Cutting to the Core

A friend with weed is a friend indeed

For the first time in my memory there is now a serious charge to change the draconian marijuana laws on the books in Washington state.

Now that's change I can believe in.

The recent push is much more than a bunch of hippies advocating for the right to smoke pot. For the first time, in my opinion, the call for marijuana reform is being looked at by just about everybody with any common sense. And the thing pushing this charge is what pushes just about everything else...Money!

Washington voters will more than likely have three measures on the ballot dealing with marijuana come this November. Some legislators want to legalize the drug and tax it. The money that could be saved by legalization would be astronomical. The money that could be generated through taxes is unfathomable.

According to the Drug Administration Agency, marijuana seizures in 2008 totaled 154,410 pounds in Washington state. That's a lot of pot, but who really believes the DEA got it all. Who really believes the DEA got 20 percent of it.

I don't, but for argument's sake let's say the DEA managed to bumble their way to seizing 50 percent of all the marijuana in Washington state in 2008. That would mean there was roughly 308,820 pounds of marijuana floating around our state in 2008. There was more, but like I said, for arguments sake we'll say 308,820 is right.

The DEA likes to inflate the numbers on so-called 'street prices', but I won't do that. But let's assume the 308,820 pounds is high-quality marijuana demanding $2,500 a pound. According to High Times magazine's price index, that's pretty cheap but we're assuming everything is legal here.

At $2,500 a pound, Washington residents would have spent approximately $772,048,200 on marijuana in 2008. Again, that's wholesale prices so we can safely assume there would actually be more spent on the drug.

If the state takes its cut, say 10 percent, it would have banked $77,204,820 in taxes from marijuana in 2008. That's a number that's been dumbed down to make a point. In reality, the amount of money the state would receive in taxes would probably be five times that. That money could be used for a lot of things, like roads, police, education and most importantly of all, anti-drug education.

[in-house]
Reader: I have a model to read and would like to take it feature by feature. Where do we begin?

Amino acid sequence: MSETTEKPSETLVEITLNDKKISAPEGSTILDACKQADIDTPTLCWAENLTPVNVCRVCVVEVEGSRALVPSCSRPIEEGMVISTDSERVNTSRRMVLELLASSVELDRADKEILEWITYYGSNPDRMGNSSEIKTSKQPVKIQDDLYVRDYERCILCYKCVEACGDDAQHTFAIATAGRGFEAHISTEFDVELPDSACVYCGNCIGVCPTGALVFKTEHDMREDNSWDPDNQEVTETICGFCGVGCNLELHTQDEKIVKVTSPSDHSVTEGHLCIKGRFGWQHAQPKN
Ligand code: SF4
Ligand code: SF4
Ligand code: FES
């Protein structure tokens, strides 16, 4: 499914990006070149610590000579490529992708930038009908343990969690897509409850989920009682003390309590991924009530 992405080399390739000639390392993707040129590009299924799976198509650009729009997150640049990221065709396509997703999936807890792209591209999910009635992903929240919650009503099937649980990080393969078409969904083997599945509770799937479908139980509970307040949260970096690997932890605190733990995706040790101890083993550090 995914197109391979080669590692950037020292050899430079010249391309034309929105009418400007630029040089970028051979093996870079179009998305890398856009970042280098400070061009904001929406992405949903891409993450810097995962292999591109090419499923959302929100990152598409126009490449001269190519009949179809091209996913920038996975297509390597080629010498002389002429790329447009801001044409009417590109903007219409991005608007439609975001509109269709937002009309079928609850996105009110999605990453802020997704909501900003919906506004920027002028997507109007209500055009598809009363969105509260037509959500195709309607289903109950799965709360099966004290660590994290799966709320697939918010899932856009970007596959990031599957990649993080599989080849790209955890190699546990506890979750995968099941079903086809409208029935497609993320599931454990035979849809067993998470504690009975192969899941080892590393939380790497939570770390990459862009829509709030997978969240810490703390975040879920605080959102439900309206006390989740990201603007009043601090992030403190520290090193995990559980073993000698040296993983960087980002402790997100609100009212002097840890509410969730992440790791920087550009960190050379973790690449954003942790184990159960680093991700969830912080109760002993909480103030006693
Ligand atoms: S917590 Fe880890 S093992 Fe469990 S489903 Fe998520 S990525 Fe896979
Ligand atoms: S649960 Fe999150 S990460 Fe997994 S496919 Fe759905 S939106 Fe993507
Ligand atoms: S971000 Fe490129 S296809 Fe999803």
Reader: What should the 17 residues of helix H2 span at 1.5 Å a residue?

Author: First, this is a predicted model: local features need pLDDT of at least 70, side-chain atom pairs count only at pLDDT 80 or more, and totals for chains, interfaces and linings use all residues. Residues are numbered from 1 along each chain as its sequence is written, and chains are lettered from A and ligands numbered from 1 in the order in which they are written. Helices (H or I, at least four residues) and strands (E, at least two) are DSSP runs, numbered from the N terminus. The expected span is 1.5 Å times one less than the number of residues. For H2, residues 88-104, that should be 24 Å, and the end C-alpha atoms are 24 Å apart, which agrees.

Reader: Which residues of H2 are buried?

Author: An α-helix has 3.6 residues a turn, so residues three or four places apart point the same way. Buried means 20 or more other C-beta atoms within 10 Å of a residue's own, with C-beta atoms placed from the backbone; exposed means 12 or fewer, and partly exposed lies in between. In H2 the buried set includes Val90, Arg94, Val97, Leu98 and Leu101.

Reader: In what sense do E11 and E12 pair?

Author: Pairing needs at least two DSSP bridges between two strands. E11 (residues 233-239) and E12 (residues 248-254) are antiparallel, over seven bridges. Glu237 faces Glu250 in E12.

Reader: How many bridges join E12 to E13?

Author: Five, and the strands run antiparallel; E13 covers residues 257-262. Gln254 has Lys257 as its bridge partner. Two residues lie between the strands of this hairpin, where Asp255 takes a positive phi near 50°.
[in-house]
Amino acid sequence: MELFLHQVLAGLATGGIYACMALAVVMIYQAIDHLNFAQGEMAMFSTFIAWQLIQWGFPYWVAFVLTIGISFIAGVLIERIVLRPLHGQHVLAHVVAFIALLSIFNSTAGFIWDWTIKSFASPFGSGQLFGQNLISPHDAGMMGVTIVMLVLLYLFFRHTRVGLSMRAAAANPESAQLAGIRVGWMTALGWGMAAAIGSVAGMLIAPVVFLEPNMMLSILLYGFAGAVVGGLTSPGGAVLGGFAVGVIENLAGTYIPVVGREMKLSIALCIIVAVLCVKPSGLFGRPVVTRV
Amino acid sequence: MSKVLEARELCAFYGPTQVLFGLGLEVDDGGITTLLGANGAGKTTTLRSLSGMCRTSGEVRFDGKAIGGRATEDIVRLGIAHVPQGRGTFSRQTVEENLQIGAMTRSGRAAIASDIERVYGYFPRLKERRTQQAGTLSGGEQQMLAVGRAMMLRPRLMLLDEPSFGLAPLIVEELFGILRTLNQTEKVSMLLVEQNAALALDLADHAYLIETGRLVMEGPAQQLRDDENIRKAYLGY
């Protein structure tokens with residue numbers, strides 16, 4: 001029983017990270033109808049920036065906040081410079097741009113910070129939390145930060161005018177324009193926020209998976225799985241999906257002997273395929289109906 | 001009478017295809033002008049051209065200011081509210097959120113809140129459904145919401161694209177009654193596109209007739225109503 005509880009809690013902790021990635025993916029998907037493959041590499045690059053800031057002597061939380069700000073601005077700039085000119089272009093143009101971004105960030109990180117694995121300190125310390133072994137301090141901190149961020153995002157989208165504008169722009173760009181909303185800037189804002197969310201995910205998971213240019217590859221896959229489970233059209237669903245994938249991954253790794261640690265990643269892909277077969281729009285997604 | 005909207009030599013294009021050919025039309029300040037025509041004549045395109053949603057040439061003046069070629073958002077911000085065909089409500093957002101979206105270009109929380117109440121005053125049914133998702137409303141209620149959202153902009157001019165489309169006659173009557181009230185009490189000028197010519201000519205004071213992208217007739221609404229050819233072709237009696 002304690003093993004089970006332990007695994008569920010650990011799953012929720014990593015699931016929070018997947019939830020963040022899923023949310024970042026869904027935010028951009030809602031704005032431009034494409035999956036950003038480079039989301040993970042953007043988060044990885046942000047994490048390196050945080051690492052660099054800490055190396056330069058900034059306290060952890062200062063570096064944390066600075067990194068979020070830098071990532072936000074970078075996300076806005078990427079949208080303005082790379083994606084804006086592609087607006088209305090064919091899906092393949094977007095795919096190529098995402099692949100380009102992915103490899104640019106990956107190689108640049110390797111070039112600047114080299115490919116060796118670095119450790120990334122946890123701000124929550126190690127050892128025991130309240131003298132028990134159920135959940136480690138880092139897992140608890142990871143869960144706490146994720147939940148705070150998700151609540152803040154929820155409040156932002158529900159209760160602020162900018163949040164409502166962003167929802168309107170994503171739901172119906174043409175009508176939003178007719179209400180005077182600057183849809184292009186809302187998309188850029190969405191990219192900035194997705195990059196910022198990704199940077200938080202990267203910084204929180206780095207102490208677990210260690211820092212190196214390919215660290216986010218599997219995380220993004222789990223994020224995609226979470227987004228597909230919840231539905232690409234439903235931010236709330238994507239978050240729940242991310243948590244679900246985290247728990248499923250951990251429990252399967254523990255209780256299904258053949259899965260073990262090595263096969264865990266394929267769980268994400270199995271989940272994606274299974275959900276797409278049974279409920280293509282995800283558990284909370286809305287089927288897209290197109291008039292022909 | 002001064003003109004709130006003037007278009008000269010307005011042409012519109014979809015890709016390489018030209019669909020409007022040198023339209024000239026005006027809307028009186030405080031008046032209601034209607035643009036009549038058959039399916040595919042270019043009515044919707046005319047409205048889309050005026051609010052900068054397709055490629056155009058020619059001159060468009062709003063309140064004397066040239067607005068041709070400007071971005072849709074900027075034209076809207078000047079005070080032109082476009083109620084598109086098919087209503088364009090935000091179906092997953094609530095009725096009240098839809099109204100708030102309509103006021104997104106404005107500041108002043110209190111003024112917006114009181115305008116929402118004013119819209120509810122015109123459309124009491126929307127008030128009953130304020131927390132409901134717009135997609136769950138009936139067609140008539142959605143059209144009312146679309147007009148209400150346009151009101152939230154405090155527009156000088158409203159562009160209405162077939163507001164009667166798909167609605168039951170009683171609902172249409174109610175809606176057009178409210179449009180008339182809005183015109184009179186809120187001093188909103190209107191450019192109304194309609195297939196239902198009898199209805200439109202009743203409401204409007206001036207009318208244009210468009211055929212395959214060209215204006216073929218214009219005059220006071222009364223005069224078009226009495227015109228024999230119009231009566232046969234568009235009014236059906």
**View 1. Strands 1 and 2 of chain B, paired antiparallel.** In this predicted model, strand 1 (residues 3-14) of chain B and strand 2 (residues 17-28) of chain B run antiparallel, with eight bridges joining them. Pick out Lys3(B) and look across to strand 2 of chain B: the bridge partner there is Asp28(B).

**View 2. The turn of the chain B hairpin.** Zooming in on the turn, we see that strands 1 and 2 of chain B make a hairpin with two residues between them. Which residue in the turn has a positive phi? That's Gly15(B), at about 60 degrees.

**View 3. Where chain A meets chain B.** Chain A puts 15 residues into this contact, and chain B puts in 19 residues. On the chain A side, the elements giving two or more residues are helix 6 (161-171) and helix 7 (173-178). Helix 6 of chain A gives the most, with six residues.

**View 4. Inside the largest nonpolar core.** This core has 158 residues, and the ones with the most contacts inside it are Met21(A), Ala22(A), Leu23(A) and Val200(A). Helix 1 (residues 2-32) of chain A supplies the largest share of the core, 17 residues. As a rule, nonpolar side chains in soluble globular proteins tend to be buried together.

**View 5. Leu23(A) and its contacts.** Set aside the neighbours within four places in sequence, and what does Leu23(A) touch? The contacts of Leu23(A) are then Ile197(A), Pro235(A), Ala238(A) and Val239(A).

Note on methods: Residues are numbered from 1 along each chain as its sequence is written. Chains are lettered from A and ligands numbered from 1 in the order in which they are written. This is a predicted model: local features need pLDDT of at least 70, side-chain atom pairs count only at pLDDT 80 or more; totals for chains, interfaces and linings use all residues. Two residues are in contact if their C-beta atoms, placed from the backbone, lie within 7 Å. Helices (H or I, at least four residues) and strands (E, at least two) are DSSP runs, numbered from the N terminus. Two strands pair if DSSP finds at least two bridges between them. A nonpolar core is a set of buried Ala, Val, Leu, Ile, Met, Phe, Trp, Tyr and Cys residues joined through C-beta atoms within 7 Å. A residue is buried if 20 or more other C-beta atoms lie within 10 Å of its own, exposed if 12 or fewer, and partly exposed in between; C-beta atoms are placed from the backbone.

So you can see why for the first time people are really taking marijuana reform seriously. But there is another reason the laws should be relaxed. It's just the right thing to do.

It's completely asinine to pick on marijuana and target its users. Yes, marijuana is bad for you, but is that glass of wine or mug of beer any better for you?

Yes, marijuana is bad for you. The drug makes you lazy, hungry and gives you the ability to rationalize your poor life. But so what?

There are lots of things that are bad for you in life. Too much milk, too much candy, too much meat. Those things aren't illegal, are they?

And as far as a gateway drug, give me a break. Marijuana is not a gateway drug. The gateway drug is alcohol. Do you want proof?

Here it is. How many times have YOU or a friend said, "I can't believe I got so drunk last night that I actually (fill in the blank here)."

I sense heads shaking yes. We've all been there.

Now, how many times have YOU or a friend said, "I can't believe I got so stoned last night that I actually (fill in the blank here)."

Chirp, chirp, chirp. That's the sound of crickets because no one is saying anything.

No, alcohol is a major problem, but I don't hear anyone clamoring to get that nasty drug outlawed. Hmmmmm. I wonder if it has anything to do with how much money is made off alcohol? Just a thought.

How many people die in alcohol-related accidents every year? How often is alcohol involved in domestic violence situations? How many teens get pregnant every year after abusing alcohol?

But the powers that be ignore all that and stand behind the outlawing of marijuana. I say enough.

I bet if the drug was made illegal it wouldn't even be noticed. Why is that? Because people already use it. Heck, Washington residents smoke at least 154,410 pounds a year of the drug.

We have laws in place to handle it. If people smoke and drive, we call that DUI. If a person smokes in a public place, we call that being intoxicated in a public place. If pot is made legal people don't have to worry about taking their kids to the park and seeing a bunch of pot smokers. It's illegal to get intoxicated in our city parks.

I think if everybody just minds their own business and stays out of people's lives, then we'll be a much better society for it and the state just might make a few bucks.

I think that's something the tea baggers can get behind. You know, limited government and all.


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